Weekly Roundup 4/11/2011

"How Wall Street Crooks Get Out of Jail Free"
William Greider, The Nation, April 11, 2011

Synopsis: Veteran journalist-author William Greider explains how the Justice Department’s policy of “deferred prosecution,” begun under President Bush and continued under President Obama, allows most corporations accused of financial or other crimes to escape serious punishment. Companies negotiate fines, which become part of the cost of doing business, or outside monitoring; but no corporate executives go to jail.

Takeaway: “Restoring justice thus has two parts,” Greider concludes, “establishing individual responsibility within the company and redefining criminal liability for the corporation in ways that have real impact on corporate behavior.”

For an earlier report, see “Corporate Crime,” [subscription required] CQ Researcher, Oct. 11, 2002.

Kenneth Jost, Associate Editor


"My Uncle, Oscar Hammerstein"
John Steele Gordon, Commentary, April 2011

Synopsis: Oscar Hammerstein is best known as the lyricist of beloved classics like Climb Every Mountain from “The Sound of Music” and Some Enchanted Evening from “South Pacific,” but his greater contribution may have been the librettos – or scripts -- he wrote for those and many other shows. Hammerstein’s scripts were perhaps the primary force that changed the American musical from an all-froth, no-plot evening at the theater to one of the great art forms of the 20th century. His work is capable of touching on deep and difficult themes, like the interracial marriage that figures largely in the plot of Show Boat, the 1927 show he wrote with Jerome Kern.
Takeaway: After years of struggle finally yielded Hammerstein’s first big critical and popular success, “Oklahoma, “it didn’t go to his head,” writes Gordon. In December 1943, just after “Oklahoma” began its first triumphant run, “he put an ad in Variety, as many show people did at Christmas time. But instead of noting his recent triumphs, he listed his five previous flops, with their runs, and added, ‘I’ve Done It Before and I Can Do It Again!’”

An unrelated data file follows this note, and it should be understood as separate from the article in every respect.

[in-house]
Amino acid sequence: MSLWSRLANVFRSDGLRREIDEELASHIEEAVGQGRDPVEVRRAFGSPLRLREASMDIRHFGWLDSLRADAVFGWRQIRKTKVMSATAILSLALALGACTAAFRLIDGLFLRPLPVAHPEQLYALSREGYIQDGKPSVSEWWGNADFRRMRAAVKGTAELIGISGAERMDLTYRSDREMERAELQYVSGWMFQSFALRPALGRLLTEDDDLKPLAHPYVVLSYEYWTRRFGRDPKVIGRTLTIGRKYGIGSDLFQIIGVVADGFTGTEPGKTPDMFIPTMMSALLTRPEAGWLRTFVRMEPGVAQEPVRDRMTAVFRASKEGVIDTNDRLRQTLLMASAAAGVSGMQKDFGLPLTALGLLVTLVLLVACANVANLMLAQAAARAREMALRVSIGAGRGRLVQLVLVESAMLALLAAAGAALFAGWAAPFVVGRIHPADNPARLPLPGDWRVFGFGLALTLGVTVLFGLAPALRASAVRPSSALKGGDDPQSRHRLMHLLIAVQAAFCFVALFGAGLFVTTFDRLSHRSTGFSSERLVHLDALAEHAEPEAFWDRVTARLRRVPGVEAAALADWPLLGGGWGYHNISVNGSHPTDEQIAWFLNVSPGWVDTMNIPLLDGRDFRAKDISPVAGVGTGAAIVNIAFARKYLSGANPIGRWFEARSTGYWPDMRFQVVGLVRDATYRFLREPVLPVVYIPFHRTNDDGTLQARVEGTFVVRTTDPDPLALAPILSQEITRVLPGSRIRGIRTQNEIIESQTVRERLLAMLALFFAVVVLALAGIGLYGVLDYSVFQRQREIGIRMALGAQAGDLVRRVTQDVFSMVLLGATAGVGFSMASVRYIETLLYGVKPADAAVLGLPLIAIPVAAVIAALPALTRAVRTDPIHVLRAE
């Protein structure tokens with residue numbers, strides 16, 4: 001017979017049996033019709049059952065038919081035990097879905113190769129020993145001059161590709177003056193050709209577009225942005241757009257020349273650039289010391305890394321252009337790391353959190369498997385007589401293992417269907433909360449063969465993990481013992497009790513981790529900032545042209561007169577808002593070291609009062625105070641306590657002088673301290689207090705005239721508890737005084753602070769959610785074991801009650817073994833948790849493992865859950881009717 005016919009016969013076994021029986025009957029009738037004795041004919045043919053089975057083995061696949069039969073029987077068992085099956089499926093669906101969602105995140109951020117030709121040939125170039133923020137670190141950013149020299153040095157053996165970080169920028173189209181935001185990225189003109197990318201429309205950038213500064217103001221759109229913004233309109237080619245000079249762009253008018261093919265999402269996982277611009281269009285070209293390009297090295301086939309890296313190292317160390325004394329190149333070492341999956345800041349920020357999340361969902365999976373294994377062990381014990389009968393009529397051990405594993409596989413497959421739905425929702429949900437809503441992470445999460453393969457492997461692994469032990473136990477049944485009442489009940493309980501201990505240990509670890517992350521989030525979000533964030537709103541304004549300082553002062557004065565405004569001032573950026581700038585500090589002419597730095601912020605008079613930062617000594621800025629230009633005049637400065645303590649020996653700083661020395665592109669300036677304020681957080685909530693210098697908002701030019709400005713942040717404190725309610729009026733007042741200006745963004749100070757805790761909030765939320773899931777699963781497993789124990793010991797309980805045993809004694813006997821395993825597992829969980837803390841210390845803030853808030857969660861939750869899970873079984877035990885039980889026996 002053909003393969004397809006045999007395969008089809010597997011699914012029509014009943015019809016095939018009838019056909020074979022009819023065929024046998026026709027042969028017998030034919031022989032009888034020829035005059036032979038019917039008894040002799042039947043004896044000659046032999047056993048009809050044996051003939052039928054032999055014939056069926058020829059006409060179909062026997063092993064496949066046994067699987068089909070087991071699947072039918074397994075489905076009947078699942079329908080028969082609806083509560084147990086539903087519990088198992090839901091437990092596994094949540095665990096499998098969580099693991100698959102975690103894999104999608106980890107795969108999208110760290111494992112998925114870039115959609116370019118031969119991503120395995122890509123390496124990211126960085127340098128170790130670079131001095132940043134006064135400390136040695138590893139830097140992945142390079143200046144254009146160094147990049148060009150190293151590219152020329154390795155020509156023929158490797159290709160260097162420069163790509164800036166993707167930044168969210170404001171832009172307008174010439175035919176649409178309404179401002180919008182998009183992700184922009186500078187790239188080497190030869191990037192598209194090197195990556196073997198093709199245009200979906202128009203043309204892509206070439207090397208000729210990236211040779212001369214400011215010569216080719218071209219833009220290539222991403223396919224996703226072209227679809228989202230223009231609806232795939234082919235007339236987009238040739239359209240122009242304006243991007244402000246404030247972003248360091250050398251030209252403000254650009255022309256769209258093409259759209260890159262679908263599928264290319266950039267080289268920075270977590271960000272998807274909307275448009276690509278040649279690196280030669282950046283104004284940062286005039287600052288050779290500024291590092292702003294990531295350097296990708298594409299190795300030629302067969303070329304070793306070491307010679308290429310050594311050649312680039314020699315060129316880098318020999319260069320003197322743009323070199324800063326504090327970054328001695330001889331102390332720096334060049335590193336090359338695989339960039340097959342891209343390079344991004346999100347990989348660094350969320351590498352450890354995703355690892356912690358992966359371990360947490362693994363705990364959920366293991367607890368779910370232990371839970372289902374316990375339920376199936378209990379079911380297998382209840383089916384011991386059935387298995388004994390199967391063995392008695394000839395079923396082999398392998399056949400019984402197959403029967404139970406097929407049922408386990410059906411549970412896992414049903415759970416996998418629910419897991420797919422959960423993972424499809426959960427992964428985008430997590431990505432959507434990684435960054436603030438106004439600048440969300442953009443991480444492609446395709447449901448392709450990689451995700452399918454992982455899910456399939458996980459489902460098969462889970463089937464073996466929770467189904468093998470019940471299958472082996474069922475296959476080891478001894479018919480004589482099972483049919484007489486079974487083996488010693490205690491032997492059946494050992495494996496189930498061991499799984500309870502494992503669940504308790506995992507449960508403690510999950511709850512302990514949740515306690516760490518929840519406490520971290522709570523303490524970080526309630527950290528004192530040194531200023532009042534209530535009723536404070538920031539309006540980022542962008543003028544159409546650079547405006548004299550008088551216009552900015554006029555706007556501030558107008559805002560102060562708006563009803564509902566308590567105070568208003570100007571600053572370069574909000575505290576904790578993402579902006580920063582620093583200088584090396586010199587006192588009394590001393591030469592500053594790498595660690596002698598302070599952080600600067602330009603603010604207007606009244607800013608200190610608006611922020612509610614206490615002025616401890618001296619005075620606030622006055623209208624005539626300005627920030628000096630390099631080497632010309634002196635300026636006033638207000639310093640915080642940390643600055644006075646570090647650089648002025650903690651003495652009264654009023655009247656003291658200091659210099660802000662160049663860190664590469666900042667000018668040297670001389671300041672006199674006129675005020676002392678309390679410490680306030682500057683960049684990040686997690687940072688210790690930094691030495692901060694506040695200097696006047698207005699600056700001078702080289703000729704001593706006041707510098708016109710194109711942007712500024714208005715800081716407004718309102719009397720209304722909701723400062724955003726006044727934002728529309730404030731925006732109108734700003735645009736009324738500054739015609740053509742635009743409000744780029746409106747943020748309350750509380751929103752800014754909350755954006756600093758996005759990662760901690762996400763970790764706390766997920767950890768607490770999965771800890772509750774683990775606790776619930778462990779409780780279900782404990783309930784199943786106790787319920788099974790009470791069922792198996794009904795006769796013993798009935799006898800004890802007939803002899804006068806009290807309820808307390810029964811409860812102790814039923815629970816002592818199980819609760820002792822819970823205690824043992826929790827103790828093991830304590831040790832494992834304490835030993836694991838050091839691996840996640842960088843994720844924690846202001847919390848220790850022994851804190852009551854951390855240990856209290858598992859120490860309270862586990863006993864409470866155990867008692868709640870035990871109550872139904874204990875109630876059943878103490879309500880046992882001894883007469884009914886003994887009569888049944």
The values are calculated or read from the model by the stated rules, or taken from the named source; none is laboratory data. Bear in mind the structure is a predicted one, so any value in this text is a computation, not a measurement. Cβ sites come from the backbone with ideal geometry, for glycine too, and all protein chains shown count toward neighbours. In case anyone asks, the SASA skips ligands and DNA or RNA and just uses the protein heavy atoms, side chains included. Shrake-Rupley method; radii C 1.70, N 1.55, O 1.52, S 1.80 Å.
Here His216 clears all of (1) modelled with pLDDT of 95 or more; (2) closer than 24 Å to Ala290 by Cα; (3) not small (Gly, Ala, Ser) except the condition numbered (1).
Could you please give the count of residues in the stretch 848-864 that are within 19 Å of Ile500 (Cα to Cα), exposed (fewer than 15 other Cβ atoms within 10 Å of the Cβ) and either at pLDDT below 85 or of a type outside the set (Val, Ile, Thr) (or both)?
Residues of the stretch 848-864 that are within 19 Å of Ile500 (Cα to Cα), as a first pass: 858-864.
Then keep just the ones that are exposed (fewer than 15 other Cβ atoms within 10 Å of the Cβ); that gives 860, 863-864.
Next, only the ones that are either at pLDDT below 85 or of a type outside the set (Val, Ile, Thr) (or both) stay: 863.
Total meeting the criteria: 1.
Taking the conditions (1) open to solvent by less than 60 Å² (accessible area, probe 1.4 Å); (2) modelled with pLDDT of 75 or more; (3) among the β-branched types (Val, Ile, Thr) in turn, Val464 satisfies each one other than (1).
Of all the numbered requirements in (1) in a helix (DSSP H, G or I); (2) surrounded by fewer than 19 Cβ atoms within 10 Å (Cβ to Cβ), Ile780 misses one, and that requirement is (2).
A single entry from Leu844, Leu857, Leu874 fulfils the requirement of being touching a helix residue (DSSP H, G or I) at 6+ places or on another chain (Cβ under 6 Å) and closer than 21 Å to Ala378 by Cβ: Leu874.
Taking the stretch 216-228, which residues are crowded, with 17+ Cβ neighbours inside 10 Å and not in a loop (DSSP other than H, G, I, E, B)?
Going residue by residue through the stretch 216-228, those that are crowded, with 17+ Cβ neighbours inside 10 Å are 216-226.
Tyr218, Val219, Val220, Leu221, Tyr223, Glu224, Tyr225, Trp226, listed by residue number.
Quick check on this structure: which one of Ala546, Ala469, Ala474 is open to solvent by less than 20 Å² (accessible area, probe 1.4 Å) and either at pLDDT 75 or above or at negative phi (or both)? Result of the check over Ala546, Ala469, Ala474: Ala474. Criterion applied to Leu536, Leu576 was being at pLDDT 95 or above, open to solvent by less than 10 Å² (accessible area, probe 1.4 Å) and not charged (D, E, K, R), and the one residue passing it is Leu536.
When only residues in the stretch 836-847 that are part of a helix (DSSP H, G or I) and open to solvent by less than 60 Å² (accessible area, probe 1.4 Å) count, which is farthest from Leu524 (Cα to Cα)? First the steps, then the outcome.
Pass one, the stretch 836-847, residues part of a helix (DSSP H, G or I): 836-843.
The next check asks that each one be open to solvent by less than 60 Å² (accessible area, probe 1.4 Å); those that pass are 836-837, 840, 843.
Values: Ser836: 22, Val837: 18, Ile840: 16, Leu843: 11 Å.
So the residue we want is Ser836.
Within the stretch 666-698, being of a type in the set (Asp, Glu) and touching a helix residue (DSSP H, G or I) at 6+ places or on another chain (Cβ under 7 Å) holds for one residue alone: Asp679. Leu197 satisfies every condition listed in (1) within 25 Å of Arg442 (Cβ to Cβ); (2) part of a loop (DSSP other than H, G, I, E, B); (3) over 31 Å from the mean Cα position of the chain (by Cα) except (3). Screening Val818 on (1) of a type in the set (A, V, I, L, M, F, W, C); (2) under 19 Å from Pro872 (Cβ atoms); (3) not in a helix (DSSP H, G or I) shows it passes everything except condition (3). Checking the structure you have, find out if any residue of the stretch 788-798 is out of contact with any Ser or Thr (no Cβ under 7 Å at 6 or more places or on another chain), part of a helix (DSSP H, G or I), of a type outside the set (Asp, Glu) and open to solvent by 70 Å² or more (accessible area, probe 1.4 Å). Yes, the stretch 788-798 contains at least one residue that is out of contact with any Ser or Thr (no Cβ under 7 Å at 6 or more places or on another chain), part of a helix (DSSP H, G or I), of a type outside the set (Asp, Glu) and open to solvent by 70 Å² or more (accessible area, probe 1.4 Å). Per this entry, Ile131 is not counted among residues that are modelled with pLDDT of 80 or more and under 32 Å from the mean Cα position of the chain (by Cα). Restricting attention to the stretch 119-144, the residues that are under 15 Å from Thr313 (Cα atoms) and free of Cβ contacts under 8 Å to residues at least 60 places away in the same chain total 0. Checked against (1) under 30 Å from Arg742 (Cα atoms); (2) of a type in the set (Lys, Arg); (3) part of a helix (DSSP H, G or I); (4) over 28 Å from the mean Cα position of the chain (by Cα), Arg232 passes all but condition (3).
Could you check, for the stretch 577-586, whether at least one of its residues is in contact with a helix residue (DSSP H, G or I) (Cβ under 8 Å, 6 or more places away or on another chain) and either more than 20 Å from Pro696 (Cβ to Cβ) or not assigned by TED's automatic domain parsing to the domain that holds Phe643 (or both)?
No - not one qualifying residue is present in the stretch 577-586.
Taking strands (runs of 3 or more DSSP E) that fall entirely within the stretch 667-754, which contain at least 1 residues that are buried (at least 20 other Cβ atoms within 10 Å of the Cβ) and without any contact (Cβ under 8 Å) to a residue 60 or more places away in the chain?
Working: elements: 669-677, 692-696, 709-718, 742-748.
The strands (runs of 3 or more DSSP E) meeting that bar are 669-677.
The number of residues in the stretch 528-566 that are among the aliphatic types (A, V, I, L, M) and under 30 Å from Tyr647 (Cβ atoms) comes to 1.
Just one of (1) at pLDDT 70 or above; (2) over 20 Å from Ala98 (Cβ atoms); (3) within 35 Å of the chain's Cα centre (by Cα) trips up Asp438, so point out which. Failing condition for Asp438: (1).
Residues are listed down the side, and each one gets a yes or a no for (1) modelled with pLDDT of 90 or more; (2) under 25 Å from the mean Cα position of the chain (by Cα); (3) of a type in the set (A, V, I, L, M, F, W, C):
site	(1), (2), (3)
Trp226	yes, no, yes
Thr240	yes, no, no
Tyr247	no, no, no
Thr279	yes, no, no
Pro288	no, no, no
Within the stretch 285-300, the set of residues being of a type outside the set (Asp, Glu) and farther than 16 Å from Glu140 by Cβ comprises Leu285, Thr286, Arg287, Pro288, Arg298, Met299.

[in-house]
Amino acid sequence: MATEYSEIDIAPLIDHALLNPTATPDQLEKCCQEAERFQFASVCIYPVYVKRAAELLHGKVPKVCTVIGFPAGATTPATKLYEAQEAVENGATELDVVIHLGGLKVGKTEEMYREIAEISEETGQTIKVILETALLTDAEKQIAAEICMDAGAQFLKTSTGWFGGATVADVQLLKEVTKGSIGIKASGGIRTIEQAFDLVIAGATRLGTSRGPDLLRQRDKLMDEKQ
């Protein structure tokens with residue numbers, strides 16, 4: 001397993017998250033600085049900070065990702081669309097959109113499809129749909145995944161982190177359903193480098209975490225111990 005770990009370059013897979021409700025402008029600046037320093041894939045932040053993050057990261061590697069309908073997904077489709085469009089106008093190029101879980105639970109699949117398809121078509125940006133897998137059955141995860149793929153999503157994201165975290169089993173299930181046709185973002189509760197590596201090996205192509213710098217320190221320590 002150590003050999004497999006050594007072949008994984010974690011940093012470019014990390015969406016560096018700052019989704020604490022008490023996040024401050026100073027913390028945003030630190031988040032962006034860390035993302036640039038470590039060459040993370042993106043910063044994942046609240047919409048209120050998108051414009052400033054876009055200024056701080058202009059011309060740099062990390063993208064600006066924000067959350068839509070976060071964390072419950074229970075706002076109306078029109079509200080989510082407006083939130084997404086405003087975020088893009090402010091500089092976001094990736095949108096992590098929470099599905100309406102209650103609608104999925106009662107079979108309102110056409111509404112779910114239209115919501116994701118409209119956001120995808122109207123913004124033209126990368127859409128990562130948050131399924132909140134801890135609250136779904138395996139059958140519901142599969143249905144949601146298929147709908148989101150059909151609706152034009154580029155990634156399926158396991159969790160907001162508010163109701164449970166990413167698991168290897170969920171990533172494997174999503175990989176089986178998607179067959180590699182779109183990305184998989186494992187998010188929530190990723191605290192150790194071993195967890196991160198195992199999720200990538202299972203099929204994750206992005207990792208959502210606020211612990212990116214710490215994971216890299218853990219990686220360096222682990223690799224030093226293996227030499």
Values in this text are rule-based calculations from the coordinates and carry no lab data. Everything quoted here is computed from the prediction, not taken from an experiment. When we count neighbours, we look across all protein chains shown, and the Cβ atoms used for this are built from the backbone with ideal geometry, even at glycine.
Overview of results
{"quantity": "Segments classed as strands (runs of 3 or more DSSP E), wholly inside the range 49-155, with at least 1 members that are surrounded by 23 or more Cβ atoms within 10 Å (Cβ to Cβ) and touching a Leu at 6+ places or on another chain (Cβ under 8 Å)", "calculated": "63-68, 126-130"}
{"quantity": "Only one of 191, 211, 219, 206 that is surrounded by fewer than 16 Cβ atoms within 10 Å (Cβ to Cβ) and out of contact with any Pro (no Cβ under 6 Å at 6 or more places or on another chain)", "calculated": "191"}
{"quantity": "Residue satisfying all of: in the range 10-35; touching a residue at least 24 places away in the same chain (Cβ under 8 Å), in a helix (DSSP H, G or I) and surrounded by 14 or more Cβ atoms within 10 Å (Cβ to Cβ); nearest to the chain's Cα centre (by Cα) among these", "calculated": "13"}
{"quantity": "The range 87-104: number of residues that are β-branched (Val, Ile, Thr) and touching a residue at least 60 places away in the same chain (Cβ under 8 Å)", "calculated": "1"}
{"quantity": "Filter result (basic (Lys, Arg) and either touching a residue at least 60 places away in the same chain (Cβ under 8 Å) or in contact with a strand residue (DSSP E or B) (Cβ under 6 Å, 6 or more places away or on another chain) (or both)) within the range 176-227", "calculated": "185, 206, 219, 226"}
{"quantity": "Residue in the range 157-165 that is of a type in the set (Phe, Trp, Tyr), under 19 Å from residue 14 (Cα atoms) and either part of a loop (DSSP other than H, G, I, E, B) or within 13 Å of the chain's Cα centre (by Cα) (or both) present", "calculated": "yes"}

Marcia Clemmitt, Staff Writer


Peter G. Peterson’s Last Anti-Debt Crusade
Alan Feuer, The New York Times, April 8, 2011.

Outside the small circle of people who closely follow federal policy, his name may not mean much. But Peter G. “Pete” Peterson more than any other person made the national debt a top political issue. As a billionaire former investment banker (and Commerce secretary in the Nixon administration), he had the money and connections to develop a large audience for his worries that the country was going broke. Over the past 30 years, he’s published articles, made speeches and subsidized a foundation bearing his name. Now that much of the country’s political class has adopted his views, The Times reintroduces Peterson to a wider audience – not neglecting the views of economists who view his ideas as nothing more than a scheme to shrink Social Security and Medicare.

Peter Katel, Staff Writer